Get down the suitcase, dear

Travelling these days also involves computer gear that will stand close scrutiny by the authorities; and quite possibly a portable bicycle. Picture: Time of India

When some people prepare for travel it’s not just a matter of emptying last week’s lunch out of the back pack and tossing in some clean underwear.

These days it also involves computer gear that will stand close scrutiny by the authorities; and quite possibly a portable bicycle.

The gear that appears to advertise parts abroad is actually intended for the amazon. Don’t try to pretend otherwise. Say you plan to go to some favoured destination such as Sydney or Auckland, and actually sometimes have the permits required. Bully for you.

It begins with the apparently harmless request to bring down the suitcase from the top of the wardrobe and leave it on the floor.

Every creature from next door’s kitten to Kalisi, our aging matriarch feline take a deep interest.

The dogs sneak in while you are on the phone in another room and give the luggage a good sniffing. It’s as if they’ve been to police dog night school again for the drug dog refresher course.

The headache pill you overlooked last time you unpacked is treated with due suspicion. That’s just the beginning.

It is the mere suggestion that travel is in the air and the rituals of packing are shortly to begin. There’s a whole preamble to be taken care of first.

For example has the clothing you may intend to wear at some point in your proposed travel been duly sorted and gone through the wash.

Unless you are that person who deliberately arrives with a suitcase and a sack full of washing so you will have something to wear because there is now nothing clean left where you live. Also, you may have clothing that is your preferred travel wear.

I wear only one pair of shoes at a time until they give up and slide out from under me.

I’m not talking about acting like a centipede here, wearing multiple pairs at once. I’m nor weird. Jeans and tops I’m more relaxed about. I might occasionally go for fashion colours, although that’s more by lucky coincidence than intention. I see many travellers, especially women, now go for those elacticised pants.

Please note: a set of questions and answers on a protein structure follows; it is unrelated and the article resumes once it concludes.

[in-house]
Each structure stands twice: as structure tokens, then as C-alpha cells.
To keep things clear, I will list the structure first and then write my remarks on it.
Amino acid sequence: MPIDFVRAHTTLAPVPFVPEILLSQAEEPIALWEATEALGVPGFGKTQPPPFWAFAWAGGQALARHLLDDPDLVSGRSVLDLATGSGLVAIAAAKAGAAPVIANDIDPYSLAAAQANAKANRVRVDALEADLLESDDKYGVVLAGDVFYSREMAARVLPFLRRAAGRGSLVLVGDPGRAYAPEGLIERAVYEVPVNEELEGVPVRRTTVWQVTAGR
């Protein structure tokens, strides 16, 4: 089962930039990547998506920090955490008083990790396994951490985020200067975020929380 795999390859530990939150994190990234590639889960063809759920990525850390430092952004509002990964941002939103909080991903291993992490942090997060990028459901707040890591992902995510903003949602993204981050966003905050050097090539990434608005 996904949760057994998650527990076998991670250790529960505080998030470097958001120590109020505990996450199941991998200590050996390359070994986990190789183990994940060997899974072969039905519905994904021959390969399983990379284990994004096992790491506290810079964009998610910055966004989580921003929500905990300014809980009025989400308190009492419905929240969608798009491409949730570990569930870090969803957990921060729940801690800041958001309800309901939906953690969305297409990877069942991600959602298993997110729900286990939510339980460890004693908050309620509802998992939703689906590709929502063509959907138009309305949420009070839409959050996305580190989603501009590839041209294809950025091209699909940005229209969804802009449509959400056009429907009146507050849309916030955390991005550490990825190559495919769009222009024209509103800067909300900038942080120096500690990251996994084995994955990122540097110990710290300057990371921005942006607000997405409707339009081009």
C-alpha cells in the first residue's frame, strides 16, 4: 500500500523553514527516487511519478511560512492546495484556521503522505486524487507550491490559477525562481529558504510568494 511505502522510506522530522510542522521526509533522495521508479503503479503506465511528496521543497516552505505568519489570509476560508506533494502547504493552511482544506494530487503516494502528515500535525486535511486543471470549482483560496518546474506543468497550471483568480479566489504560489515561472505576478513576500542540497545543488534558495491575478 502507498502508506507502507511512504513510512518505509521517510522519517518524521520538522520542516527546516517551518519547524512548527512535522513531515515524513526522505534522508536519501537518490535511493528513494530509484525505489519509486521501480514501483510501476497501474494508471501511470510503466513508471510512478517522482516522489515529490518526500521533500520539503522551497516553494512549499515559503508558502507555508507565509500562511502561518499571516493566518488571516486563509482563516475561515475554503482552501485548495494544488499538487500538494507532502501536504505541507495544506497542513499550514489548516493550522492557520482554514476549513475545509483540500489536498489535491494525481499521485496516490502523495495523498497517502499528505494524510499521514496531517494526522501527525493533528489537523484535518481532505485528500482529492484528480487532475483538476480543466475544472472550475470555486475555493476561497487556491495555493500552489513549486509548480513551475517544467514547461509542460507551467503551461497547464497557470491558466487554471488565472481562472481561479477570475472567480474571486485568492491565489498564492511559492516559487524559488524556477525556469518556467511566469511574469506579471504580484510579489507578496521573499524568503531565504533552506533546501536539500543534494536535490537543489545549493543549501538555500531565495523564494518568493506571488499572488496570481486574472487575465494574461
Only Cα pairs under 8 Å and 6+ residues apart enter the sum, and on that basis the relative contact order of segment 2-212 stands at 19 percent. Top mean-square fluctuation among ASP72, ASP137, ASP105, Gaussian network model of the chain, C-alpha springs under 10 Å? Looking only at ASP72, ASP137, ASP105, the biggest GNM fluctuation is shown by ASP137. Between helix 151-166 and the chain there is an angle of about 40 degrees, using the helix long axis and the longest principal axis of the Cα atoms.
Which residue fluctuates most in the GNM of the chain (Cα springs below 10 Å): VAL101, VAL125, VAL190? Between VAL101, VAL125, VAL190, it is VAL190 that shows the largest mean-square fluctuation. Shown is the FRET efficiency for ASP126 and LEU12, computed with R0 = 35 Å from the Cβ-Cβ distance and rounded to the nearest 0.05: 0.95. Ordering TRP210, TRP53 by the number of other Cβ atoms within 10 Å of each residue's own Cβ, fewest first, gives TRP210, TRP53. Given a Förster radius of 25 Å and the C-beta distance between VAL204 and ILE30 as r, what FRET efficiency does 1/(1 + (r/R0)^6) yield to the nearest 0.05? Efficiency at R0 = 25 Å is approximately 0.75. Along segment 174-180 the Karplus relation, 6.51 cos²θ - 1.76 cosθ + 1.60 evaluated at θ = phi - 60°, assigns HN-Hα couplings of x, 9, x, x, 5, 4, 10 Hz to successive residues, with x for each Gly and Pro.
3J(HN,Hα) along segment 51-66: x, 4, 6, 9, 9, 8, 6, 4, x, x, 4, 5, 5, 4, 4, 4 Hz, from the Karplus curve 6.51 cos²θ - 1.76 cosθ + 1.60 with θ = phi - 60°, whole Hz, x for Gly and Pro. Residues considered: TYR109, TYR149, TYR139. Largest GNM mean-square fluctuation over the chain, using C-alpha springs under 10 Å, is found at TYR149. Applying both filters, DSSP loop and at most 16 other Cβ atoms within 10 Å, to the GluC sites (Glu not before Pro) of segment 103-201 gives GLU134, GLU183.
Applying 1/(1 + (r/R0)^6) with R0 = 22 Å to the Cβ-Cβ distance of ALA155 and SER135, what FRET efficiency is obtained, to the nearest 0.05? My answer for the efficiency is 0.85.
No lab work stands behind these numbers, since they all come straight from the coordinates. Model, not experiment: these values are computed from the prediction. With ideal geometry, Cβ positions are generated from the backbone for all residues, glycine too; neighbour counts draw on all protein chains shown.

I have absolutely nothing remotely rude to say about them. I agree that the comfort of the traveller is paramount, and if it something the activity requires, go for it.

Many eons ago I was a serious swimmer. When I first started competitive swimming our bathing suits were navy blue saggy cotton one piece affairs.

The sleek outifts competitive swimmers now sport are a whole different, scientifically designed piece of gear that I too would like to wear.

Not even the idea of wearing the right bathers could convince anyone that It gave me a good look for a beach bunny. Ah well, some things you give up on.

Okay, so the next prime point of packing up carefully involves less rather than more. We who were trained by mother figures who had enlisted in the armed forces learned quickly that it was evil and wrong to pack more than you really needed.

Also that even in the tropics, light fabric hung in front of the fan overnight would mostly dry. If it wasn’t dry, it was at least clean.

A quick way of reducing the mound of stuff you thought you needed was to call you mother to ask if she thought you would need both the blue and the aqua.

The next time you checked you would be down to your basic black and t-shirts with two different patterns on them. I was always sad, though, that ‘cats against the bomb’ got the push.

I continue to keep my The Fiji Times Incredible Hulk t-shirt, hidden far back of my t-shirt drawer – but the next person who asks me if I’m keeping it to grow into, I’ll see if it fits up their nostril.

For a person who has spent almost a lifetime fitting a precise number of words to a page, I really can’t understand why I go through a weekly drama of sorting out those few hundred words.

I could say things such as ‘they have to be the right words’.

One of the things about getting down the suitcase it does sharpen your mind. You pay attention to avoiding falling into it, for a start.

This is not a joke. I earned the undying enmity of my elder daughter, the Hope of the Side for falling over her suitcase in the dark of the bedroom where I was not expecting it.

This was followed with many hours waiting at the local emergency unit that happened to be full of Pacific people due to it being a Saturday night, I was told.

In the end we all got our just desserts.

Mine were six stitches on the back of my head.

Personally I love it when the big purple suitcase comes down and I can start strewing it with items of clothing useful for parts abroad.

It gives me hope for wider horizons than we have been used to in recent years.

It would be wonderful if those medical professionals who really had it tough recently could get some of that spiffy holiday time our extremely welcome tourists have in the next couple of months as they load their suitcases with nice things from resorts. Or at least pack them with a sensible, light weight selection of Fiji spiffiness.

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